Haskap berries might be the next new superfood—but most people haven’t heard of them.
That’s because the berries, which are higher in antioxidants than blueberries, have traditionally been found only sporadically in the wild across Canada, growing mostly on the edge of wetlands.
But Bob Bors aims to change that.
The head of the fruit program at the University of Saskatchewan has been breeding haskap berries for 15 years. Before that, he spent a few years studying them in order to pluck the most desirable characteristics from the species, which is native to northern Japan and Russia.
The plants are being grown in most provinces now, with more than two million sold, “which is pretty big for any plant breeding program,” says Bors.
Haskap, meaning “little present on the end of a branch,” is the name given by the Japanese. Other names include edible honeysuckle, blue honeysuckle and honeyberry.
The taste is distinct, says Alain Bosse, the Kilted Chef who promotes Maritime cuisine.
“It’s got this raspberry, wild blueberry sort of undertone and then all of a sudden there’s that Honeycrisp (apple),” Bosse says from Pictou County, N.S. “It’s got that real funky flavour profile,” which he likens to bumbleberry, or mixed-berry pie.
Some people say the berries—which are dark blue, oval or cylindrical, and about 2.5 centimetres long—have a hint of elderberry, black currant or grape, and a tartness.
Liam Tayler, commercial director of Haskapa in Nova Scotia, says the company started with an acre of haskap plants in 2011 and has added more each year. Forty acres are nearing production and they plan to plant another 80 acres this year.
Being a small company, they currently freeze the berries for use in products that are sold in their retail store in Mahone Bay, N.S., as well as online.
“The nice thing about the haskap berry is it’s incredibly versatile,” Tayler says from Mahone Bay. “It has the capacity to be a wine, but it also has the capacity to be a health-food supplement” because of its antioxidants.
Haskapa has created juice, jams and condiments with haskap berries and infuses other products with the fruit including maple syrup, gin and vodka. They also make body scrub, bath salt, lip gloss and soap containing the haskap and plan to introduce powder for juice and wine in the next few months.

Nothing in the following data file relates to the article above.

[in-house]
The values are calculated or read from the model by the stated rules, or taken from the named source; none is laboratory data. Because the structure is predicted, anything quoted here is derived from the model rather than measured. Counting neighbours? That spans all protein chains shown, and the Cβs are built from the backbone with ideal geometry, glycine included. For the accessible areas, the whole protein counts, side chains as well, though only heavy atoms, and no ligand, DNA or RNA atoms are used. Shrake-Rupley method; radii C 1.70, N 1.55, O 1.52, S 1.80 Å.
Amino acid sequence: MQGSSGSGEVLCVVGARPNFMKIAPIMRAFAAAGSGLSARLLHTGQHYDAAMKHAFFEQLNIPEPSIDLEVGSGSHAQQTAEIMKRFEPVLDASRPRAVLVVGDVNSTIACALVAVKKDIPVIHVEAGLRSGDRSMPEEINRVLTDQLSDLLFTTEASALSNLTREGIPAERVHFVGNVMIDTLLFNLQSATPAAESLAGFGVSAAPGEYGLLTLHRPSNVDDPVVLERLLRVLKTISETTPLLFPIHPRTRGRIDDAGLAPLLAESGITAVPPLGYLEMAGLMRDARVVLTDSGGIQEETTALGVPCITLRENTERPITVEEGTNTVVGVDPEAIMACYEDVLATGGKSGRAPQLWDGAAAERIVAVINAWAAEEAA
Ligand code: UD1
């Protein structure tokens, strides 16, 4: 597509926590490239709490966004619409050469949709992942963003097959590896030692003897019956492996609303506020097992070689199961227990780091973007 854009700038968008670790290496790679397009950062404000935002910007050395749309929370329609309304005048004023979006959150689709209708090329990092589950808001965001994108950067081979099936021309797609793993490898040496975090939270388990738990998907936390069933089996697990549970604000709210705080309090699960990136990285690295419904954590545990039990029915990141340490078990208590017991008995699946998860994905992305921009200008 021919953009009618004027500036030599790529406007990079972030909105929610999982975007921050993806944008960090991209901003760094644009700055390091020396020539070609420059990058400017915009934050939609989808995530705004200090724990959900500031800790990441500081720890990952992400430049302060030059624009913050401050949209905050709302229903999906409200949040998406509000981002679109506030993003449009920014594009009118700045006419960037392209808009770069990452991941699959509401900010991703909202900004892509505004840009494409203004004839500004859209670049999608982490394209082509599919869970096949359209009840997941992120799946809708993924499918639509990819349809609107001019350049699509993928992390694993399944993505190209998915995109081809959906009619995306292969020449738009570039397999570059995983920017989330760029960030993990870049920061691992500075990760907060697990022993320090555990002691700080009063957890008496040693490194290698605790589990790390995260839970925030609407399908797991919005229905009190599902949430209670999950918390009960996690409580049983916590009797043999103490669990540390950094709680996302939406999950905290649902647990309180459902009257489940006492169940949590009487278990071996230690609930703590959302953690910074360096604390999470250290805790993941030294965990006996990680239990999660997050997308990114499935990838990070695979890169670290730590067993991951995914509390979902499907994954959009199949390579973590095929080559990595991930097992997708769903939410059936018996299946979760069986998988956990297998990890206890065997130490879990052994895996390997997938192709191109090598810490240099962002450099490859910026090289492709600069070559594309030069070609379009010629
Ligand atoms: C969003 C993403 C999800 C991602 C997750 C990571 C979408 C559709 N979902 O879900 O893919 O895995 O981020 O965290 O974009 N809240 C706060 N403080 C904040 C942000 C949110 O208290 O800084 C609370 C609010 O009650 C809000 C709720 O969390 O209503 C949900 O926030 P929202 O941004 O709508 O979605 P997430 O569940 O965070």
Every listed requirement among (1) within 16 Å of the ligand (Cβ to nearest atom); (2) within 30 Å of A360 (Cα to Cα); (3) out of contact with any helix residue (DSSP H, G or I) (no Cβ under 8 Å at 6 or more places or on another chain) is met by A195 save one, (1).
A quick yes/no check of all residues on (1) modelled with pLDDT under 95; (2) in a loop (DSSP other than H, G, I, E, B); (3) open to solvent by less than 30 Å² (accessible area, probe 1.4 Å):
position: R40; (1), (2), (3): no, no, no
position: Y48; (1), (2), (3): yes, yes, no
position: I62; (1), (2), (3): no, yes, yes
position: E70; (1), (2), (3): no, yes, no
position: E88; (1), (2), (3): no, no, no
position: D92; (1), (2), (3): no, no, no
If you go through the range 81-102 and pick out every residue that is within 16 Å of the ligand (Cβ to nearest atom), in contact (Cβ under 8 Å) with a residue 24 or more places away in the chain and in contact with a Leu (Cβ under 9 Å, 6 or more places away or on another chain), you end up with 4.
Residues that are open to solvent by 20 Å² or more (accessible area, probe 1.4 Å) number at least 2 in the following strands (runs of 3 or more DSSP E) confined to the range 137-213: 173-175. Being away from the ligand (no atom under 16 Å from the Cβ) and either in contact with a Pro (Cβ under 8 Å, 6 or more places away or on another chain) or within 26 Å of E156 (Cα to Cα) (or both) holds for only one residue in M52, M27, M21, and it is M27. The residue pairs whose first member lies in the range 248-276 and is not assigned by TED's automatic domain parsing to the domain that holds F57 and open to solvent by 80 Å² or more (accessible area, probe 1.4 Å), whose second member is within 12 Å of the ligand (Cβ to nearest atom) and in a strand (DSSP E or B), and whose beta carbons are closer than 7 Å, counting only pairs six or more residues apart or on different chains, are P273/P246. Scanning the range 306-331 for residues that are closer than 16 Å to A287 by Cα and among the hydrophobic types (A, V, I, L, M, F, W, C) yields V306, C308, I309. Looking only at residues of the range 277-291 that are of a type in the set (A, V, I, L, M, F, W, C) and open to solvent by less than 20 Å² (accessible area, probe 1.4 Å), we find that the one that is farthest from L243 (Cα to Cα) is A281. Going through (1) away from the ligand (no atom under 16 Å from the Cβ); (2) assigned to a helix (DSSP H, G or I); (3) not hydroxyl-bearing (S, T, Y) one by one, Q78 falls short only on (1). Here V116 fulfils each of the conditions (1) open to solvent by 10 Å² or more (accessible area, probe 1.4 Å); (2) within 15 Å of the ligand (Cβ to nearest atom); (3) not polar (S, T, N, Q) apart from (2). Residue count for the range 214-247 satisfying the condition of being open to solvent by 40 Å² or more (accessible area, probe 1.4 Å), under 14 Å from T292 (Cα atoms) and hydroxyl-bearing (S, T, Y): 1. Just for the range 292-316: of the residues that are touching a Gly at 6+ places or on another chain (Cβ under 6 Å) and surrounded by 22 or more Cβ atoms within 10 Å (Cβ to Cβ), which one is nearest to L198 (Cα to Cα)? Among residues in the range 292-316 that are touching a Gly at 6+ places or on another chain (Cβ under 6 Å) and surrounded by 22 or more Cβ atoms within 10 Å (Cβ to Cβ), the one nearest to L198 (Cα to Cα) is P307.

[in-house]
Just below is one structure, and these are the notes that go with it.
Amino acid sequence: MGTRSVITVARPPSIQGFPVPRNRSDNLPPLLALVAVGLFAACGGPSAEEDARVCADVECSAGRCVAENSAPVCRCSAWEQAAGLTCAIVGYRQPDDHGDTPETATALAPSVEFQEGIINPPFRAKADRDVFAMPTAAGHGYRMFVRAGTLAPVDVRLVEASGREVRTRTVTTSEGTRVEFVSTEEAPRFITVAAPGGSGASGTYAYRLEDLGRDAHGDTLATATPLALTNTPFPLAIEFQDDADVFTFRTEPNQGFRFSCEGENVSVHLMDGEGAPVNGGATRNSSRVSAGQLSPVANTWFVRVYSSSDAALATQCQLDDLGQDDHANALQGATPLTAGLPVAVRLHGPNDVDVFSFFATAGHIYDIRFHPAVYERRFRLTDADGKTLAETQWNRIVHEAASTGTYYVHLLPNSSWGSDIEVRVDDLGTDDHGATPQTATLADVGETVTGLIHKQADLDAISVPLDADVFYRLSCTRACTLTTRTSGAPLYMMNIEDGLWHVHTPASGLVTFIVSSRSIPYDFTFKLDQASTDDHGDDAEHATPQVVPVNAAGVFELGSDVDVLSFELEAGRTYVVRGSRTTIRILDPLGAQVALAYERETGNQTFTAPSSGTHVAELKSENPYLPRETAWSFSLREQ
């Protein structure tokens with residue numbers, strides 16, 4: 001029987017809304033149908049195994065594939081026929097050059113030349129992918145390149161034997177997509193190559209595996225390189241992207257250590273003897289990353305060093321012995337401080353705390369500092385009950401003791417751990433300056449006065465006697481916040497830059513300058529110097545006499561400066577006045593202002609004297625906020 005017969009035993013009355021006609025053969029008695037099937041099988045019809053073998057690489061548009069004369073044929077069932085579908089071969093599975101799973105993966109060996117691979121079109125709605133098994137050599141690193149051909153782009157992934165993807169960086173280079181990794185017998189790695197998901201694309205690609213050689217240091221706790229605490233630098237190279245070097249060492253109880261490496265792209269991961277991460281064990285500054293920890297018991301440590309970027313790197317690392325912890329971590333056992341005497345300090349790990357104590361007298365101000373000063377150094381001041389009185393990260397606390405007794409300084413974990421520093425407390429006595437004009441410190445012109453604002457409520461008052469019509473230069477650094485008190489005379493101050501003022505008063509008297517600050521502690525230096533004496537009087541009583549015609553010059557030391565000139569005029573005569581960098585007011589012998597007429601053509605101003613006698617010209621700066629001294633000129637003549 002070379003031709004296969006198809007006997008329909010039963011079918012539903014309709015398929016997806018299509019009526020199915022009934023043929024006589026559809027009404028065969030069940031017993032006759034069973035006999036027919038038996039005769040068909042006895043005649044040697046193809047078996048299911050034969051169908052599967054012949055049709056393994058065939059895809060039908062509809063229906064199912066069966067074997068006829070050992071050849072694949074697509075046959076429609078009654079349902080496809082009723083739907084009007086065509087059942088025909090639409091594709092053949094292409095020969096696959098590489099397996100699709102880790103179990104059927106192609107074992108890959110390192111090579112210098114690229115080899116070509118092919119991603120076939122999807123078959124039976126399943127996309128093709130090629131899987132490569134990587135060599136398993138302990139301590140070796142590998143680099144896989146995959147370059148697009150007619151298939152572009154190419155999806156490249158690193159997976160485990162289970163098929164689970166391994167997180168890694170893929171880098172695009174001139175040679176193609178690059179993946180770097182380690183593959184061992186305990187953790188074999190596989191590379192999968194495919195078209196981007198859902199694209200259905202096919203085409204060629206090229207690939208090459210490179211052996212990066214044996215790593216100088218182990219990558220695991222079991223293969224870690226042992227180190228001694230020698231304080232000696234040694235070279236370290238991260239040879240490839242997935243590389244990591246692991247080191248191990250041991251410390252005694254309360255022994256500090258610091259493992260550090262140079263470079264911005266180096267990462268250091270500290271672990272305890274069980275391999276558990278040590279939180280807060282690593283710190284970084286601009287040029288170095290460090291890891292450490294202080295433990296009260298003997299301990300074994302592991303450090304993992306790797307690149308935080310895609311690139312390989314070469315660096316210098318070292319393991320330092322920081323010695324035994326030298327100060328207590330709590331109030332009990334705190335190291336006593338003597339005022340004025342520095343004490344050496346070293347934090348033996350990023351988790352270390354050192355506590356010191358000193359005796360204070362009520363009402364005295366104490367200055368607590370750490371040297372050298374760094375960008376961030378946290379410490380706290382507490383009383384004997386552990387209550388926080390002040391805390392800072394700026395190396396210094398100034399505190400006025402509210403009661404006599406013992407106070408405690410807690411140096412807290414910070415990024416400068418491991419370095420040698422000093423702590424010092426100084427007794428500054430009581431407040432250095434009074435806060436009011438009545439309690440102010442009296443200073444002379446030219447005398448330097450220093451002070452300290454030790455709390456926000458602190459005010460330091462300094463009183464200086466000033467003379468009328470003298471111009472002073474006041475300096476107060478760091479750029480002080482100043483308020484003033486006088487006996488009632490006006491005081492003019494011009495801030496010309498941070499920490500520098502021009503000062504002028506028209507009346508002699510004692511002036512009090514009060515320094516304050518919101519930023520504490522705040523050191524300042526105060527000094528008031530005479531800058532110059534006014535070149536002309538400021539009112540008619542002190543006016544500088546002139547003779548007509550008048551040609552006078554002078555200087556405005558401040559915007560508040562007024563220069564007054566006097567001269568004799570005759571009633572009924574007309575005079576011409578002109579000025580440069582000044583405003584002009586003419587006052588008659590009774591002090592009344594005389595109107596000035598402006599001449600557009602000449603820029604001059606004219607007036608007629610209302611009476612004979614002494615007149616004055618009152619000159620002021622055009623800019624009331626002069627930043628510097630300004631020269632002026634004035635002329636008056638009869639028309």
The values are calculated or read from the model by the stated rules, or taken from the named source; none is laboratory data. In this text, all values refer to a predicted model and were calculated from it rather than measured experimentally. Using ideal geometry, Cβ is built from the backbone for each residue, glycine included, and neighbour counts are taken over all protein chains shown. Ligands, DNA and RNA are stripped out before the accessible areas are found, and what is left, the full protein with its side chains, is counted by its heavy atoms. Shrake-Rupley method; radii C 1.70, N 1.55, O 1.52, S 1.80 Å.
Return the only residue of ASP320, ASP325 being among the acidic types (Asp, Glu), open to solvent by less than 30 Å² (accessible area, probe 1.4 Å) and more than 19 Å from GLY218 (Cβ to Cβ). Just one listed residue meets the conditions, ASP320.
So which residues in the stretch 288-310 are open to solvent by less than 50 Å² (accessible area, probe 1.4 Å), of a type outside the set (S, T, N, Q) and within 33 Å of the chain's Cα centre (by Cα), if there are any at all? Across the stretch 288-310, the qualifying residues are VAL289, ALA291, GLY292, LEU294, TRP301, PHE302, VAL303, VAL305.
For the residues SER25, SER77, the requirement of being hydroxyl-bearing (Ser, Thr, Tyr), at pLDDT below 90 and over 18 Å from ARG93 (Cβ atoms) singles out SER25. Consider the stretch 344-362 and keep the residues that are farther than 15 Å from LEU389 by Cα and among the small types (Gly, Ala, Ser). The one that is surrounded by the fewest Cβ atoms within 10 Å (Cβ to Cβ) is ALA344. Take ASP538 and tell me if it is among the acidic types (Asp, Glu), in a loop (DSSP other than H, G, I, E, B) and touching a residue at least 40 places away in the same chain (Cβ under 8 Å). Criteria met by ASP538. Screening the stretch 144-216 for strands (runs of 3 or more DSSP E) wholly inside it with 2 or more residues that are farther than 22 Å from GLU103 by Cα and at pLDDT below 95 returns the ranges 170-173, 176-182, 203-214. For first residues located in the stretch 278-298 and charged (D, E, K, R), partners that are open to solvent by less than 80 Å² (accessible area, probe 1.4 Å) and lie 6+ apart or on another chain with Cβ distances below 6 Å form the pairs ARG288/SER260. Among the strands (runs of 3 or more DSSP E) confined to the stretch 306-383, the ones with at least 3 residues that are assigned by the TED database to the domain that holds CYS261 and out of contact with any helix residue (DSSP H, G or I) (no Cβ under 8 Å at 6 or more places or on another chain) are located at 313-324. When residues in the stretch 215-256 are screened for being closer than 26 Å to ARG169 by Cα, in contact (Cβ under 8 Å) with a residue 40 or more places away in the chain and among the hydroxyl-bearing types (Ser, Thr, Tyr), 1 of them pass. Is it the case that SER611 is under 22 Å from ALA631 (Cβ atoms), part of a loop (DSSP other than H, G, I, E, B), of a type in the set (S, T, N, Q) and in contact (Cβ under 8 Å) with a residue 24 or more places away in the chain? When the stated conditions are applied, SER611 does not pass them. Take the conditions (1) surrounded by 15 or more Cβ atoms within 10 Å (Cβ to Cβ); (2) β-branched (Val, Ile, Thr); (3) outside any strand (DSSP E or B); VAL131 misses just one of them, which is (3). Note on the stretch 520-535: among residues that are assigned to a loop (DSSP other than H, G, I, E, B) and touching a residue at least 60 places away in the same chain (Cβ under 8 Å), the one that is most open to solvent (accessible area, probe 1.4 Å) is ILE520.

Tayler says Haskapa is working with Dalhousie University’s agricultural experts in Truro, N.S., to optimize processing techniques to maximize the bioactive content of the products. One of Bors’s doctoral students is also conducting research on the nutritional composition of the haskap.
“It is a fruit that makes a wine more like grape wine than any other fruit, so people in the far north like Saskatchewan, we can’t really grow any wine grapes here, but you can grow haskap to make a nice wine or liqueur,” says Bors, who says one of his favourite ways to eat the berries is in sauces and smoothies and with ice cream.
Because they’re not as firm as blueberries they can be mushy in pie, he notes.
Bosse adds Haskapa’s jams to dishes and loves the maple syrup infused with the berries in his signature candied bacon.
He also uses them on their own when they’re in season as a novel fruit.
“Quantities are not that high yet. (Haskapa are) still using pretty well everything they’re producing in value-added products,” says Bosse. “I think when production gets to the point where they can start selling them fresh, or even dry or frozen, the product’s going to definitely take off.”
Gardeners have also adopted the deciduous shrub for its ease of growth and attractiveness in the garden. It has creamy unscented flowers. During breeding, Bors selected against powdery mildew and leaned toward bigger, prettier leaves. The plants can also be grouped to form a nice-looking hedge.
“It doesn’t sucker, so it’s not like raspberries, saskatoons and cherries that will take over a garden and spread. Haskap is very polite,” says Bors.